One of the richest texts from our past as evangelicals is the Second London Confession of Faith (1677/1688), which was drawn up by the English and Welsh Particular Baptist community and was based on the Presbyterian Westminster Confession (1646) and the Congregationalist Savoy Declaration (1659). This confession not only served as the main confessional text of the Particular Baptists in England, Wales, and Ireland into the nineteenth century, but it was also adopted by the oldest Baptist associations in America, where it became known as the Philadelphia Confession (in the north) and the Charleston Confession (in the south). Indeed, it was the Charleston Confession that was used to draw up the confession of faith — the Abstract of Principles — of the seminary where I serve, Southern Baptist Theological Seminary in Louisville.
In Chapter 30.1 of this Baptist confession, it is stated,
The Supper of the Lord Jesus was instituted by him the same night wherein he was betrayed, to be observed in his churches unto the end of the world, for the perpetual remembrance, and shewing forth the sacrifice of himself in his death, confirmation of the faith of believers in all the benefits thereof, their spiritual nourishment, and growth in him, their further engagement in, and to all duties which they owe unto him; and to be a bond and pledge of their communion with him, and with each other.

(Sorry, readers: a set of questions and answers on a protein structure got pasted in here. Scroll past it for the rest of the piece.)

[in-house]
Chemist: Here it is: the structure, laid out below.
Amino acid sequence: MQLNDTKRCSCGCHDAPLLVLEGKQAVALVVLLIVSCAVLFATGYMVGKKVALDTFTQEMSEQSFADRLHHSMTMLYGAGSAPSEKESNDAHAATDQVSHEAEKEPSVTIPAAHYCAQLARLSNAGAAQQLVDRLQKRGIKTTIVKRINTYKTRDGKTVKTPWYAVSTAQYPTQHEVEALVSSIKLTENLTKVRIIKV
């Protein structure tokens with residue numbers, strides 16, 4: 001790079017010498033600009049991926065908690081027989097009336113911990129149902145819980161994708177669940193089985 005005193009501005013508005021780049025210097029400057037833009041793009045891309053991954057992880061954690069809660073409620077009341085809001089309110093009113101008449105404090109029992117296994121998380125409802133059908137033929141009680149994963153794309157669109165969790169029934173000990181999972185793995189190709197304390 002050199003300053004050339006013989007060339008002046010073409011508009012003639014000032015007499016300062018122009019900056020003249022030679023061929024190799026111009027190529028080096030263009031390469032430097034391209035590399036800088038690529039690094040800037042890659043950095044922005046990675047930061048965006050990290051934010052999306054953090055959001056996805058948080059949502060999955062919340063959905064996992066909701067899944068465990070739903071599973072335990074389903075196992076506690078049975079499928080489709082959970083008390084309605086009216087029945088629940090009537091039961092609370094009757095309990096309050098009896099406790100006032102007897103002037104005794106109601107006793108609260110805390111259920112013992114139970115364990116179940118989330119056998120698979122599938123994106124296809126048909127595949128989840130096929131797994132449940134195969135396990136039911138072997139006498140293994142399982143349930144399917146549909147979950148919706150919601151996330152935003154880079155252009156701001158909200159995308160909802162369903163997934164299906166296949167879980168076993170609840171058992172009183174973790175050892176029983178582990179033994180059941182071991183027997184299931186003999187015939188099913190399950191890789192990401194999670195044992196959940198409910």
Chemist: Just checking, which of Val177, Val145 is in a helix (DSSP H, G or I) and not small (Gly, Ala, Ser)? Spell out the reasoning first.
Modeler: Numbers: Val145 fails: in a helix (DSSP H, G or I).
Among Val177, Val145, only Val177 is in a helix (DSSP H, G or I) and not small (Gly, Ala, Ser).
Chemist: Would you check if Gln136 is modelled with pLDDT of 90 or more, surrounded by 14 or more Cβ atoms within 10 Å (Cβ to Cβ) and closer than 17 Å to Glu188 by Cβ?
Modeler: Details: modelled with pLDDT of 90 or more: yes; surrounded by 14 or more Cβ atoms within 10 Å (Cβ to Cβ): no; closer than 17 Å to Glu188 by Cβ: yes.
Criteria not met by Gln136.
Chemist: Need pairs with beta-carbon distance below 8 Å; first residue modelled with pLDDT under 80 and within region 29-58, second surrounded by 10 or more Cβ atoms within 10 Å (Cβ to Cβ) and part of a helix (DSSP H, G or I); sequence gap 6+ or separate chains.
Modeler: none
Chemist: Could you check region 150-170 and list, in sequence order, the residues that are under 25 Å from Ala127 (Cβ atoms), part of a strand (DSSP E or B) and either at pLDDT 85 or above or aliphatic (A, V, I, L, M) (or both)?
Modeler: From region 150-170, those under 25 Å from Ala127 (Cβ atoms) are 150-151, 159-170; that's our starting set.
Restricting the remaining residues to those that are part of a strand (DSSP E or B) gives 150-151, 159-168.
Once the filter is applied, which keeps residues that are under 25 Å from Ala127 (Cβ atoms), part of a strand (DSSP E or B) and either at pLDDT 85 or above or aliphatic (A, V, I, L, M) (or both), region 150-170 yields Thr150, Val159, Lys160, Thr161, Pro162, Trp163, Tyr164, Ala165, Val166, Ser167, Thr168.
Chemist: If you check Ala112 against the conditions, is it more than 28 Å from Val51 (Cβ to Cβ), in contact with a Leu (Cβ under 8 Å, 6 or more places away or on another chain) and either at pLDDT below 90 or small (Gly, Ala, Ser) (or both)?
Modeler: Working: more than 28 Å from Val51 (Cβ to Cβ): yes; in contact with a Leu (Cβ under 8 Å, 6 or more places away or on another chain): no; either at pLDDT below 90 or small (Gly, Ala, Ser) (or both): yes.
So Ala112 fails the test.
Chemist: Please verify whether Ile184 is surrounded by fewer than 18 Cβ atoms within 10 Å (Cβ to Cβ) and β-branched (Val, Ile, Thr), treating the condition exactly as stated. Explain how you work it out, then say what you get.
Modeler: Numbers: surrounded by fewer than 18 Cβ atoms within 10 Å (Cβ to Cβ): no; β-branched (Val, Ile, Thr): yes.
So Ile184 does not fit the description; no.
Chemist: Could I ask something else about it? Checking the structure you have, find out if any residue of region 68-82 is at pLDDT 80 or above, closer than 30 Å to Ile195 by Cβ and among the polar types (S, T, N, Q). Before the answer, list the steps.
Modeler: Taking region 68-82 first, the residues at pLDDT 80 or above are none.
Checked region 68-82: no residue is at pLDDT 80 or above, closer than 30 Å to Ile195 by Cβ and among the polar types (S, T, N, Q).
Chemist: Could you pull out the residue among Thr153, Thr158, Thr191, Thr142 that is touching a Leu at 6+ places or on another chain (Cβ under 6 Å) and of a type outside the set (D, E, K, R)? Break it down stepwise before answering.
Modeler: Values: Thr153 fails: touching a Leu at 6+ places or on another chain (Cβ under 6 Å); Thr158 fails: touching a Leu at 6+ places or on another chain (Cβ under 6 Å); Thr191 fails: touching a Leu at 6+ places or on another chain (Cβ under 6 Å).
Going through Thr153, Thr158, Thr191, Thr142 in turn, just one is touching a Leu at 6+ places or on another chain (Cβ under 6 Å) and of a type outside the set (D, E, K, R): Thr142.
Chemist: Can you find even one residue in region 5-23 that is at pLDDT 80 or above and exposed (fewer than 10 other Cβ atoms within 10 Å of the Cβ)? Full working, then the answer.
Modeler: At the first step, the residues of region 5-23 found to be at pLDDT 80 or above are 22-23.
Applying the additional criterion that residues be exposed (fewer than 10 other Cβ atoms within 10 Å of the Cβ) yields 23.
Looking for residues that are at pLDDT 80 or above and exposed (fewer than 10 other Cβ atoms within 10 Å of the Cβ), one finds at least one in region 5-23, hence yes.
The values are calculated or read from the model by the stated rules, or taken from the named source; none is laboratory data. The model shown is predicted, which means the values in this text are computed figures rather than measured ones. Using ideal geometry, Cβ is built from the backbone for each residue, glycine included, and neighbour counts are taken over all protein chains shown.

Christ instituted the Lord’s Supper for five reasons, according to this paragraph. The Supper serves as a vivid reminder of and witness to the sacrificial death of Christ. Then, participation in the Lord’s Supper enables believers to grasp more firmly all that Christ has done for them through his death on the cross. In this way, the Lord’s Supper is a means of spiritual nourishment and growth. Fourth, the Lord’s Supper serves as a time when believers recommit themselves to Christ. Finally, the Lord’s Supper affirms the indissoluble union that exists, on the one hand, between Christ and believers, and, on the other, between individual believers.